What brings young people with cancer, physicians, scientists, and researchers together? Innovative thinking. And awesome experiences like when Peter Kuhn, PhD opened up the doors of his laboratory at The Scripps Research Institute for another Patient Night at the Lab. San Diego members of Young Survival Coalition and Stupid Cancer were honored to be allowed into this secret world of Circulating Tumor Cells.
Contrary to popular belief, cancer labs aren’t scary at night or full of zombies working endless hours behind a microscope. At Peter’s lab the researchers are laughing, drinking birchtree juice and open to sharing information. Everyone here works together seamlessly to reach the goals of tailoring treatment for patients, monitoring disease recurrence, investigating therapies before cancer, and diagnosing cancer in high risk peeps. How does this team tackle all of these issues? With blood, of course.
In some situations, cancer cells escape from the primary tumor and travel through the blood to start distant metastasis. Peter’s team is working hard to understand all aspects of this travel. As good guests in his lab, we want to learn more about these “Circulating Tumor Cell’s” and Kelly Bethel, M.D. gets us started and deems us Pathologists in just under 5 minutes.
Leveraging the fluid phase of solid tumors the Scripps Physics Oncology Center is advancing daily the forefront of both improving healthcare effectiveness by providing drug guidance and increasing our understanding of cancer as a disease in each individual patient.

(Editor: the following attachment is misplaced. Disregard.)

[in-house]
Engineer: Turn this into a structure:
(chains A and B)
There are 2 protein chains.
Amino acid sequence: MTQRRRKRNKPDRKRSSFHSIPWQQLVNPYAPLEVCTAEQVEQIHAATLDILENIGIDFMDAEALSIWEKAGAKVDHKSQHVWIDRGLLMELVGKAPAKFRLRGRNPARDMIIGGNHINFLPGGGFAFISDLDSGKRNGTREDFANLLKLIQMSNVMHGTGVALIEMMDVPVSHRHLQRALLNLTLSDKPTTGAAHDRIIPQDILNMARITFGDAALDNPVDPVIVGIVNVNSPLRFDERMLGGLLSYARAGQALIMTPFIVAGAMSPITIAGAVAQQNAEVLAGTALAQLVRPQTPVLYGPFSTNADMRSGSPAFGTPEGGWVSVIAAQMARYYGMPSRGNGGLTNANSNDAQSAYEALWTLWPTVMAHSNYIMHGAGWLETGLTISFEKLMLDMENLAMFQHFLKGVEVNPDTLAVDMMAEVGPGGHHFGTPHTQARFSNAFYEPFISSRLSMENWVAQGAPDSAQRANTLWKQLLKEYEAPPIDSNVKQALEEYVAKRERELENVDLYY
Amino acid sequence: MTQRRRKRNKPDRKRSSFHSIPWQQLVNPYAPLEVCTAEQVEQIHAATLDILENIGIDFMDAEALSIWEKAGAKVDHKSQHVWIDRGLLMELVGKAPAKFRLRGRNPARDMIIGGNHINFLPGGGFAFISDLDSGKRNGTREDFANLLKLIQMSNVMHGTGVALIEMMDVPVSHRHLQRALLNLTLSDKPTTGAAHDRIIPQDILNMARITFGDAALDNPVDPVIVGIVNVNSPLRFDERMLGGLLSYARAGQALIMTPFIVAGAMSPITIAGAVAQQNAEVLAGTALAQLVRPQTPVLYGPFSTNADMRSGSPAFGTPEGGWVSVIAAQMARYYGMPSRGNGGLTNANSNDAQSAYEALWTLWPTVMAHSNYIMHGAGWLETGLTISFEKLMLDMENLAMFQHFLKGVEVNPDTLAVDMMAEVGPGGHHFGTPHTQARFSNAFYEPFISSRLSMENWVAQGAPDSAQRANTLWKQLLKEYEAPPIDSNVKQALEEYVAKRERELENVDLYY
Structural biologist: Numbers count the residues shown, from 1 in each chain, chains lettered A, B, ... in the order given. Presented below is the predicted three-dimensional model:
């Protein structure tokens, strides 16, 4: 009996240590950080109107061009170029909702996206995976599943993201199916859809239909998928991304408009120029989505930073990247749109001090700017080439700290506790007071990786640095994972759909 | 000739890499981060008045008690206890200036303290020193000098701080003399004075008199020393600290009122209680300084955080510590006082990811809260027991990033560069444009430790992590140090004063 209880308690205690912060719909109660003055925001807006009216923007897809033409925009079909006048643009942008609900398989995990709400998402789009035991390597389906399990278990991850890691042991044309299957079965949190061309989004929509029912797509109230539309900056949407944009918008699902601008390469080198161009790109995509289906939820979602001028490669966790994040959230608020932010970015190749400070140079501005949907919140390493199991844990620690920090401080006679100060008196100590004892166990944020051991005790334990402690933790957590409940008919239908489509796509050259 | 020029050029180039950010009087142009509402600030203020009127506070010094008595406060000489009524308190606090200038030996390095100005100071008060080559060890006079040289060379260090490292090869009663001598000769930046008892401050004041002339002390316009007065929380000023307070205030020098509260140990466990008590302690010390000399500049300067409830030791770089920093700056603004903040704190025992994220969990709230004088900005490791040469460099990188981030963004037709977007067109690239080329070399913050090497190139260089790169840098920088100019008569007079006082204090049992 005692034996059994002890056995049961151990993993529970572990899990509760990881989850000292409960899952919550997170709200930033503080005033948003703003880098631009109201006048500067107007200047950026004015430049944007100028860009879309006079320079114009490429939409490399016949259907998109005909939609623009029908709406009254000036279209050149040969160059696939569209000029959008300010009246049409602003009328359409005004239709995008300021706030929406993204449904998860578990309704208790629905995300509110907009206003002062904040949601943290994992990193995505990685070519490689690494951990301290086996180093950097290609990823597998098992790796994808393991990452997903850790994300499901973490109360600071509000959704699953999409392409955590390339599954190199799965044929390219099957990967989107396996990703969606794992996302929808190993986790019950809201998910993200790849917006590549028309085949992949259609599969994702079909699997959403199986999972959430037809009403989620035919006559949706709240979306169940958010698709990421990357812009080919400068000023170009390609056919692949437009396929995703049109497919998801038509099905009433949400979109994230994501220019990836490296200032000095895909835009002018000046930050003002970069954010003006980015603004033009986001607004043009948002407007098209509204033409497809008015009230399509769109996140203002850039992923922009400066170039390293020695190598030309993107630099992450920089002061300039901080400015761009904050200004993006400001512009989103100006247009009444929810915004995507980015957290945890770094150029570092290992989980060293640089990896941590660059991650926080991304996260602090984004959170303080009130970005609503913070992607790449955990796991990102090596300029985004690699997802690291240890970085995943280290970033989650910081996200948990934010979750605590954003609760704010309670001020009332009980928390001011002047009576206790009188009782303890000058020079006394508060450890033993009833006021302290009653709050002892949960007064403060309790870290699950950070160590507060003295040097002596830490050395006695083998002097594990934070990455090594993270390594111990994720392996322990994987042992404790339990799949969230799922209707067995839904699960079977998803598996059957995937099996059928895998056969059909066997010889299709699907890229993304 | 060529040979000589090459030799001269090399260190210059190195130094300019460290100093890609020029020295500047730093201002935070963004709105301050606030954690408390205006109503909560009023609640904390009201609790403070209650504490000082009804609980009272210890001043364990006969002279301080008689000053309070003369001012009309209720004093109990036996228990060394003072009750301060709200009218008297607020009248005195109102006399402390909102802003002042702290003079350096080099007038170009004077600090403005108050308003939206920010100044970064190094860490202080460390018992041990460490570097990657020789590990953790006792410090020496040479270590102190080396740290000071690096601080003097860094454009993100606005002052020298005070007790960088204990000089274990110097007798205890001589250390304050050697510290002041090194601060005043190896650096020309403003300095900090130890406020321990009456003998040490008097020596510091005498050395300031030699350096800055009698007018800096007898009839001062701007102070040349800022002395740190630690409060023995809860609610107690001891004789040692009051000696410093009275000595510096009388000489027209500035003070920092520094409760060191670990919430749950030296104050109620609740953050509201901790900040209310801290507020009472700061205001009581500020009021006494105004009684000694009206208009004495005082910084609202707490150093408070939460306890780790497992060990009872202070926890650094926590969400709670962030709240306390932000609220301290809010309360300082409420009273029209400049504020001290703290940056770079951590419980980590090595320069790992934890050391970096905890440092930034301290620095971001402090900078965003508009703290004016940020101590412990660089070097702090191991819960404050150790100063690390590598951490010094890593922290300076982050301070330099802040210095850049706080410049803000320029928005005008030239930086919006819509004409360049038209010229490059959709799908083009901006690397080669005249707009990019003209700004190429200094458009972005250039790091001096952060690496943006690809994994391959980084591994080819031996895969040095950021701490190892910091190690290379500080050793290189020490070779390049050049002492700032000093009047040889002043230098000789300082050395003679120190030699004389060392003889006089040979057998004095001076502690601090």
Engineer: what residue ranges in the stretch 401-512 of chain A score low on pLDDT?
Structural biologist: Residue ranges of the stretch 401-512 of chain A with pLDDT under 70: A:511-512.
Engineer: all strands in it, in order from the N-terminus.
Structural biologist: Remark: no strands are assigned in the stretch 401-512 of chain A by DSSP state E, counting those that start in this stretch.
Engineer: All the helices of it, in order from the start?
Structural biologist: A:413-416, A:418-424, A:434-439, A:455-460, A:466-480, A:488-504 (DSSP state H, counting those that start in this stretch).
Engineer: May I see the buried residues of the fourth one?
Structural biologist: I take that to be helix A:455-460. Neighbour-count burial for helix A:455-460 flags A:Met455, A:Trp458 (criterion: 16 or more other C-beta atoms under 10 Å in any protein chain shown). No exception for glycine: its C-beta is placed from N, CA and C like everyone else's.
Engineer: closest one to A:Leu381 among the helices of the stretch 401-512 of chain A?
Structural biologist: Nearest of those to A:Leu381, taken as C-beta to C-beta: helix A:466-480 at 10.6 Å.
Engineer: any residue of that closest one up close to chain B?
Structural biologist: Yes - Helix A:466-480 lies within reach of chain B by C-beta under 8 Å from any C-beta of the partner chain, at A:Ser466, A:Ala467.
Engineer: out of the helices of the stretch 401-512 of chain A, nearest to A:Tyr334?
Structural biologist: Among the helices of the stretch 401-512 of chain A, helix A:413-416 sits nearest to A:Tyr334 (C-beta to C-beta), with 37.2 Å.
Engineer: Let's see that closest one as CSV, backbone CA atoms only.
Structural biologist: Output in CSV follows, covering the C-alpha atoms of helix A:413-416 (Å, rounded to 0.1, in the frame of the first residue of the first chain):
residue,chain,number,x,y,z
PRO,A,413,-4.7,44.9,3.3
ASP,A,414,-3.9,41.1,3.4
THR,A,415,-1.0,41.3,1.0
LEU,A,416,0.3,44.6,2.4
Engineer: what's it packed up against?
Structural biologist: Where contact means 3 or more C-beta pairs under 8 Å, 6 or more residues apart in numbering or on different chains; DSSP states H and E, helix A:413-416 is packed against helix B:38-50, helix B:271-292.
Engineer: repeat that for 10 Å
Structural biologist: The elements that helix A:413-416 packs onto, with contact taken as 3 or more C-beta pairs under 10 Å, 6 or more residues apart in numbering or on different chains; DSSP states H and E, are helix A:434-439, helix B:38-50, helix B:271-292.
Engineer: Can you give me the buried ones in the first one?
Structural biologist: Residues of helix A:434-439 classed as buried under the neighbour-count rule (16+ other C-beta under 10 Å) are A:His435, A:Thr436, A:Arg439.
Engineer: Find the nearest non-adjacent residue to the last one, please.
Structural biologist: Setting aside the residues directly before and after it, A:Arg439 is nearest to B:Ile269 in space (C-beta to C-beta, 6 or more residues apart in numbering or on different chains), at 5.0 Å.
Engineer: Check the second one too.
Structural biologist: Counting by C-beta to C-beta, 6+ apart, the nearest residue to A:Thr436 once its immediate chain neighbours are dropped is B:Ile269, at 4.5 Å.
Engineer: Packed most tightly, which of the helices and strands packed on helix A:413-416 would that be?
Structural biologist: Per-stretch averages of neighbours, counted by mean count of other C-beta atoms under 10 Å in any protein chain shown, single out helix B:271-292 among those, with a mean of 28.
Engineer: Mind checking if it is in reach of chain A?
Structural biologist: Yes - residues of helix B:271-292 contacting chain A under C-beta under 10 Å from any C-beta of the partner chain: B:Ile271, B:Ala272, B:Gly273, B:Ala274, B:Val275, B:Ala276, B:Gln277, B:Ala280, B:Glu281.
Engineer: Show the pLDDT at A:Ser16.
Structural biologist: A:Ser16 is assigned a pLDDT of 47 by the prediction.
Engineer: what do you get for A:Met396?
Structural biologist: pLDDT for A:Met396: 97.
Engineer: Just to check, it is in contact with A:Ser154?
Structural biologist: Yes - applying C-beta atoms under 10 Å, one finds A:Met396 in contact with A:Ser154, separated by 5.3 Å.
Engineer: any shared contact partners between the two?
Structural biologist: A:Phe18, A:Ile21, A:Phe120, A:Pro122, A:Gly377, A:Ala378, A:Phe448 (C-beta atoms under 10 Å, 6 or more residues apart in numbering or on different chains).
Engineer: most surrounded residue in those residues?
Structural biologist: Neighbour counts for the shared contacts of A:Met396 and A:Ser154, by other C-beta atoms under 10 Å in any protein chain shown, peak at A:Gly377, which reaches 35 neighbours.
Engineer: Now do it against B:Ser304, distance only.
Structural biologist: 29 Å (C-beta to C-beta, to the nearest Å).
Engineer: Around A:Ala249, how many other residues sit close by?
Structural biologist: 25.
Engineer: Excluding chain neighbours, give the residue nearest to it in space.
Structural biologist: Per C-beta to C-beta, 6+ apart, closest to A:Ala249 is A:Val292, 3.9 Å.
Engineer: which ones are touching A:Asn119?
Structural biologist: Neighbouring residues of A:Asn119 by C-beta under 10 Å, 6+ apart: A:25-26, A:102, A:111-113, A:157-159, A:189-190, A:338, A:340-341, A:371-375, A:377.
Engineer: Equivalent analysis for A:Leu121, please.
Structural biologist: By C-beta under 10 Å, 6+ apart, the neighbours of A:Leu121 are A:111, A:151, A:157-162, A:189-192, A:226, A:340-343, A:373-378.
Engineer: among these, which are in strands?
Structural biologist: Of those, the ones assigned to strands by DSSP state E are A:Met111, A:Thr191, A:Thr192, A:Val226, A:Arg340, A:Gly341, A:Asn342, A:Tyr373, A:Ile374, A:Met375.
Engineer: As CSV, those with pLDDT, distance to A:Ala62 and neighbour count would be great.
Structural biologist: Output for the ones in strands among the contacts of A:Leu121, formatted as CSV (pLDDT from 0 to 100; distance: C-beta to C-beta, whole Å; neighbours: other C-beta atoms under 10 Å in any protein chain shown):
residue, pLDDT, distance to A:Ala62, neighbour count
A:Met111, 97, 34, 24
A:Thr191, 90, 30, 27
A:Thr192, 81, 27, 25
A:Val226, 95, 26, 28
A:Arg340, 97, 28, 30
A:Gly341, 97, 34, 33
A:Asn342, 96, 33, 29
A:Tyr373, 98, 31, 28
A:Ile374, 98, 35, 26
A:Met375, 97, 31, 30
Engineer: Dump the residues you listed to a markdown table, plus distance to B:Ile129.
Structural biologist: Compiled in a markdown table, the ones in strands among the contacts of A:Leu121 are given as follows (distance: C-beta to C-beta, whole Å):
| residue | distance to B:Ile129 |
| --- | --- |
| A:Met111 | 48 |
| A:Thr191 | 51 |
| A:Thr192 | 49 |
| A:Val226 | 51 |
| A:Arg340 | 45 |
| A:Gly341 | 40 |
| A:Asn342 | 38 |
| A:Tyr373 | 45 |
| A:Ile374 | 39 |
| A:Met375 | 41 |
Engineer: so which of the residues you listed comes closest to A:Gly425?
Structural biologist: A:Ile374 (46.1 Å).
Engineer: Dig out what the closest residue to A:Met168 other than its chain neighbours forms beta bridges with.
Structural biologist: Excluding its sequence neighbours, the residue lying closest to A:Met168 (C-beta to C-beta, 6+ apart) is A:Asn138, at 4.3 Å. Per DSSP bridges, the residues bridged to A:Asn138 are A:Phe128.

With a combo of lecture and laboratory tour we couldn’t help but start to feel like Jr. Scientists half way through the eve. Even considering my science background consists of defying the laws of physics with a support bra (not to mention my do-it-yourself 6th grade science kit) so I’m beyond excited that the researchers and physicians go through great lengths to speak to us candidly about their pursuits. Physicians, researchers, scientists, and cancer survivor attendees are encouraged to ask questions and provide any feedback that might be useful. This is a refreshing change from the typical cancer experience where the doctor tells you to do x, y, z and you receive an eye roll the second you ask a question. Tonight is all about learning, exchanging ideas and blood (duh).
Blood samples can have a large impact on cancer management. Blood provides oncologists with clues about a patient’s precise status. Being a breast cancer patient, I’m no stranger to giving blood, sending it to “the lab”, getting injected with potions, and receiving results days later. At the Night at the Lab we have the opportunity to see “Blood Sample Freezing”, “Staining”, “Slide Scanning”, “Report Analysis”, “Cell Picking”, and how each step methodically unveils more and more information. So cool. We get to see how blood samples containing billions of cells are analyzed to find ten to hundreds of cancer cells. Talk about “Where’s Waldo” (this is Peter’s favorite reference) or a needle in the haystack. After seeing first hand the procedures, patience, and promise in this lab it excites me to be able to work with this group in the future. Scripps Physics Oncology Center is part of a larger research community and is just one of twelve National Cancer Institute funded research centers all of which are dedicated to making a difference in cancer control. This should offer patients a lot of hope knowing that the best and brightest are working hard to eradicate cancer.
Don’t forget. There is a science to everything.